The American Dream can be defined by each person in a different way. “The Great Gatsby is a dramatic affirmation in fictional terms of the American spirit,” (Bewley 97). Bewley is right when she says this novel is highly dramatized. Fitzgerald defines the dream as the nit and grit of the American Spirit and what it should stand for, but he writes in it a way that is almost unbelieveable. In a world of booze, love, and infidelity. “A new world, material without being real,” (169). Here, moments before Gatsby’s death, we see Gatsby realizing that his one dream is now gone. The American Dream isn’t a clear cut plan. For Gatsby, he thinks that getting rich and getting Daisy is his dream, but it’s not that simple. Money won’t make Daisy leave Tom and Daisy loving him won’t make his dreams come true.  “Paradoxically, it was Gatsby’s dream that conferred reality upon the world..The reality was in his faith and the goodness of creation, and the possibilities of life,” (Bewley 97). Gatsby’s version of what he believes it entails, is really just blissful ignorance and the faith he puts in destiny. His nieveness is just an aspect of what he believes the American Dream is. Fitzgerald is trying to tell us that the American Dream is different to each individual.

Each character in the novel “Great Gatsby” plays a principal role in creating Fitzgerald’s American Dream. “His violence is also characteristic of his sense of privilege and power over others in society,” (Lena 99). Here Lena explains how Tom’s attitude is a result of a life with a silver spoon in his mouth. “He behaves as he wants,” (Lena). Fitzgerald uses Tom to show us the taint in the American Dream. He shows us what a lifestyle like this can lead to. An entitled life with a disregard for everyone. Tom is an example of the corruption of money and power. Money does not make Tom happy, and neither does love. He is constantly searching for more than he can find. He is fated to live a empty life, with the indulgence of power and wealth to fill in the cracks.  Another way Fitzgerald describes the American Dream is by creating the “East Egg” and “West Egg” motif. The East Egg characters are meant to represent class, and flawlessness, the old American Dream. While the West Egg characters are seen as copiers, and new money. The West Egg characters are meant to represent the new American Dream. A dream that can be made through being a criminal and making money. Fitzgerald though reveals that both sides of the bay are filled with dishonest people. We have Tom the racist, Daisy the narcissist, and Jordyn the cheater. Each character is unique in their own way. Each is a puzzle piece that creates the “American Dream.”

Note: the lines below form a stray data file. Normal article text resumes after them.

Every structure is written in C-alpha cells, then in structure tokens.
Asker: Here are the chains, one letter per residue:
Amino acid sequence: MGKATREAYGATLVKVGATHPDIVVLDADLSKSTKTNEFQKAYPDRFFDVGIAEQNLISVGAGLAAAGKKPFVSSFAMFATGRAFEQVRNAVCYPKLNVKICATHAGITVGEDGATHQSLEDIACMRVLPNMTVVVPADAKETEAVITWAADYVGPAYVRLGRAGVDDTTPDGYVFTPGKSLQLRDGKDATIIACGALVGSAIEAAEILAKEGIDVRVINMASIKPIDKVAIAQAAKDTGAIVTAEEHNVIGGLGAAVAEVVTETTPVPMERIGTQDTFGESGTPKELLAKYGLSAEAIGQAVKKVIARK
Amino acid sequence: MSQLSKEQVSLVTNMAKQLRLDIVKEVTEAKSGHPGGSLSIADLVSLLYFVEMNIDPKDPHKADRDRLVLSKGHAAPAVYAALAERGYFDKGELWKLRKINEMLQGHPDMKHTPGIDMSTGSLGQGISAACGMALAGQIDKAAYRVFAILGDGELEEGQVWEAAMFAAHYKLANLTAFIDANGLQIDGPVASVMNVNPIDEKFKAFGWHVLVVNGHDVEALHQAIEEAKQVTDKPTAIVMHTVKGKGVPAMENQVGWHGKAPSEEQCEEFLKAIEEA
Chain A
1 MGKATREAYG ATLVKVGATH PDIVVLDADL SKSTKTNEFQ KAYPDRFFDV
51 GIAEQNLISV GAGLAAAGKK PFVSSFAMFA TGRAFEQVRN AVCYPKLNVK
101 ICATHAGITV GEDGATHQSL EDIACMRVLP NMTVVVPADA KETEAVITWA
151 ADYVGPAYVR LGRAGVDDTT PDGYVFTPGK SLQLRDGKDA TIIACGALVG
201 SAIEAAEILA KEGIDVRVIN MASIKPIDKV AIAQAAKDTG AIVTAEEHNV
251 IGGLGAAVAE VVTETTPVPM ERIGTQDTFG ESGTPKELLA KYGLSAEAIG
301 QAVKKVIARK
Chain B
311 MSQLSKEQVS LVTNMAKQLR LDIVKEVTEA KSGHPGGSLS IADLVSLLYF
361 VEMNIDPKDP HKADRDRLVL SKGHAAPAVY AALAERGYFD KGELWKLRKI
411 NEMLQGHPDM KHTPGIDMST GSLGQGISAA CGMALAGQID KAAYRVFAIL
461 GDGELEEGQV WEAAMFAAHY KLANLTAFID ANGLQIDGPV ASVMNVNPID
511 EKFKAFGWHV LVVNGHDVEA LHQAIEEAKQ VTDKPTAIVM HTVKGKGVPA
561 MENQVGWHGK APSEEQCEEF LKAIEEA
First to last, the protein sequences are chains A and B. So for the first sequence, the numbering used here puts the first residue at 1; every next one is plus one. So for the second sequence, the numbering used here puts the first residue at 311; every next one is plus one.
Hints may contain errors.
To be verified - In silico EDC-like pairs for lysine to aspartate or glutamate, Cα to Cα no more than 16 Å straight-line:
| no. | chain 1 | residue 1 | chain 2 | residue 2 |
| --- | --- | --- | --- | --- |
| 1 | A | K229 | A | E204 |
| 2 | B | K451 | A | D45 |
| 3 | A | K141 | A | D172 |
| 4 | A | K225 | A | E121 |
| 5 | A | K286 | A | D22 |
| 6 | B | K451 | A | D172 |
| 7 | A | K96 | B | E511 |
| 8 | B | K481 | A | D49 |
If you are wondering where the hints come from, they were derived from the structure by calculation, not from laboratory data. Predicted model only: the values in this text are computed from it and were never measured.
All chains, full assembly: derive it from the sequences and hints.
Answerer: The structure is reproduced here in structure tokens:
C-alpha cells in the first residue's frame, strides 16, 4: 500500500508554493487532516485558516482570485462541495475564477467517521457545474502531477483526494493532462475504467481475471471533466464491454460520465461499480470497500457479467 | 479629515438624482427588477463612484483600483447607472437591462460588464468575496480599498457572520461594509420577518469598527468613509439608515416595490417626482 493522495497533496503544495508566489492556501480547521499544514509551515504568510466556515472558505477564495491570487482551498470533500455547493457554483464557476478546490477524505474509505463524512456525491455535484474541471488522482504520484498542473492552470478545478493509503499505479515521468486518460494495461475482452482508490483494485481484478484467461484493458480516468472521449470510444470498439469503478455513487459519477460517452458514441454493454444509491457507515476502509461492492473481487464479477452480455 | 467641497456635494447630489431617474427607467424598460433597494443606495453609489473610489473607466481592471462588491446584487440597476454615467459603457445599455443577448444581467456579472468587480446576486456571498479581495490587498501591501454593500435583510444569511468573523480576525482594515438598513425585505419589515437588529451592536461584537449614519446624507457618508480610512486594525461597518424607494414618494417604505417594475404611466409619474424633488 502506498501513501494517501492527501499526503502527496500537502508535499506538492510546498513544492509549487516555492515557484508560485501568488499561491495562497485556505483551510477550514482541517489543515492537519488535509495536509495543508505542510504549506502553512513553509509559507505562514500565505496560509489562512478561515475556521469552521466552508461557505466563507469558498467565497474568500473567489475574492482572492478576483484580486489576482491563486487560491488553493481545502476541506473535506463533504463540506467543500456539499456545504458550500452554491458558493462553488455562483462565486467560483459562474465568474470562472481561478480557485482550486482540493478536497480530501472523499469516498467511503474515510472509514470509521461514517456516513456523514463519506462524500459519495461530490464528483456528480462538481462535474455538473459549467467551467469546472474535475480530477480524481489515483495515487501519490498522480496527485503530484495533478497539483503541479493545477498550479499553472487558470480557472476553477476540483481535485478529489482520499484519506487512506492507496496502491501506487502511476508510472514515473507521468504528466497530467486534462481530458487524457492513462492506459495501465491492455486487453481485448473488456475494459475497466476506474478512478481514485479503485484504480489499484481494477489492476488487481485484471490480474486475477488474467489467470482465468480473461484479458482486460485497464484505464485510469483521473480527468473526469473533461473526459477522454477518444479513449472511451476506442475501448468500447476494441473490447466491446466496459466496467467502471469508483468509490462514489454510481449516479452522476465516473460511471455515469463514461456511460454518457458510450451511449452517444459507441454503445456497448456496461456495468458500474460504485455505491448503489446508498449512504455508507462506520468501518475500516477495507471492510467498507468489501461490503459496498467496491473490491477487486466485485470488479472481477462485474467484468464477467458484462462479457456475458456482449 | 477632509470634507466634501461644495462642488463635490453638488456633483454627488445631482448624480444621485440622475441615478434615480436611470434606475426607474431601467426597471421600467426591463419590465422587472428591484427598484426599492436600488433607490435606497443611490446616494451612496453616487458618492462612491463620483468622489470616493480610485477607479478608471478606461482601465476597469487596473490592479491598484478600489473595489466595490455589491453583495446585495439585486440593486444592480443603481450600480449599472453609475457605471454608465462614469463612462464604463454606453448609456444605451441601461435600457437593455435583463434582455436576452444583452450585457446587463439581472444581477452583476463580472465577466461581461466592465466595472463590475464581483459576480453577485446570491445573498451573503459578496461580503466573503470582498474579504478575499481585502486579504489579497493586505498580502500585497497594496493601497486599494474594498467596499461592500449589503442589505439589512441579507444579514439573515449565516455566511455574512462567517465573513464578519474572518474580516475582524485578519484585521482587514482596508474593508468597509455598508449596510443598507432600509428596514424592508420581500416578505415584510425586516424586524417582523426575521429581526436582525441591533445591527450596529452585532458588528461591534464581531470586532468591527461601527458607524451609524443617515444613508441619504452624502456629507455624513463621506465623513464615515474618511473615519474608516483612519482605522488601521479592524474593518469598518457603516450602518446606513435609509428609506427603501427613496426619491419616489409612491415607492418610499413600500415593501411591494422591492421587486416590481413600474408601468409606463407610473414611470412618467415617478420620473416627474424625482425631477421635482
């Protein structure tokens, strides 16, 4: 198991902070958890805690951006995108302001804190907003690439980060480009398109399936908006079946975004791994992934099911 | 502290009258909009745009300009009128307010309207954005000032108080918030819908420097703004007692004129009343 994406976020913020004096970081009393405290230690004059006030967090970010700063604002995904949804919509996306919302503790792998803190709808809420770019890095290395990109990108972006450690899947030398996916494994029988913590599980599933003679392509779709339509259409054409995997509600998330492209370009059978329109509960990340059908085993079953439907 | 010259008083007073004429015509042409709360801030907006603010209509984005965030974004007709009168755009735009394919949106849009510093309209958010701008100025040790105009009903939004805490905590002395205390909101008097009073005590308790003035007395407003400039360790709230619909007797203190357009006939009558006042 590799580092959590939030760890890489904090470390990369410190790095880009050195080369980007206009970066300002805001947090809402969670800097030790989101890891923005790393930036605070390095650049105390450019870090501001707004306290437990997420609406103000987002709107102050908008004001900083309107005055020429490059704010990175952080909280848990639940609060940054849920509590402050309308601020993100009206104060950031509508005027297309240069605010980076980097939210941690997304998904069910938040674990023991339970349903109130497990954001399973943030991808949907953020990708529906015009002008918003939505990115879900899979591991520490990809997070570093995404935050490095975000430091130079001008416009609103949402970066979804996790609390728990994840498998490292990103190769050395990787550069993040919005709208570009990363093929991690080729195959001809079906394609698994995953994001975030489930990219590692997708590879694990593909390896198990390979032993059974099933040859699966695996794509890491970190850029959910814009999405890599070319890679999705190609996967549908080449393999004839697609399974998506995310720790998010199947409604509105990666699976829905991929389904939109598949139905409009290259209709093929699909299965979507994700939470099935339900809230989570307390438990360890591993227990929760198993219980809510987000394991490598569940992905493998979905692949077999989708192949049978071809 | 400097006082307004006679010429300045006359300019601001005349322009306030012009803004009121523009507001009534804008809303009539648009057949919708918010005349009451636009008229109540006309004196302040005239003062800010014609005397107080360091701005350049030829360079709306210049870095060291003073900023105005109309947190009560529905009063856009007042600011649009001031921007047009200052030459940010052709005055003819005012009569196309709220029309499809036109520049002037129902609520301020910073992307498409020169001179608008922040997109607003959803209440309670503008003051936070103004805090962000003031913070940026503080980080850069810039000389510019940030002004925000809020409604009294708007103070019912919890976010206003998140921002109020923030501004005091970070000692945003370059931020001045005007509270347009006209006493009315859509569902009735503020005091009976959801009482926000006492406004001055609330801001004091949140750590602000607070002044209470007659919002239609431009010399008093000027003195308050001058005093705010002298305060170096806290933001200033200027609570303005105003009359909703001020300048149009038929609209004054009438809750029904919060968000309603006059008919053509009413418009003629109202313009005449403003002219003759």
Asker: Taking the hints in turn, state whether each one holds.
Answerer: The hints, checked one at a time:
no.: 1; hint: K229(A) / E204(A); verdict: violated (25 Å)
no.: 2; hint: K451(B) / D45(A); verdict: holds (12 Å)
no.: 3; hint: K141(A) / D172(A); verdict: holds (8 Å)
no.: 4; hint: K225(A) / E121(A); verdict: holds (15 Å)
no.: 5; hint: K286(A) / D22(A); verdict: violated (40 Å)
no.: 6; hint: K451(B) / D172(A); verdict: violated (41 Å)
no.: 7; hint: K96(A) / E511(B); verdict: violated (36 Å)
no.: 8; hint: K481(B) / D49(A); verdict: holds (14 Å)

After reading the novel, I would say pursuing the American Dream is not a good thing. Although the old ideas of the American Dream were pure, the new ideas are simply about materialism and power. After seeing these characters in West Egg try to assimilate into what the believe the American Dream is, I would say that is not a dream that is worth pursuing.

The American Dream is a idea that has been alive since the first days of America. Throughout the years, the idea has changed into something different. Fitzgerald writes about the “new American Dream” and what it entails. We are entranced into a world of wealth, corruption, and parties. Fitzgerald’s writing of his characters, the novels definition of the American Dream, and Fitzgerald's understanding of the American Dream shape “Great Gatsby” into the timeless classic it is today.

The author's comments:

In my essay review I analyze the American dream and how it is portrayed in F. Scott's book vs todays life.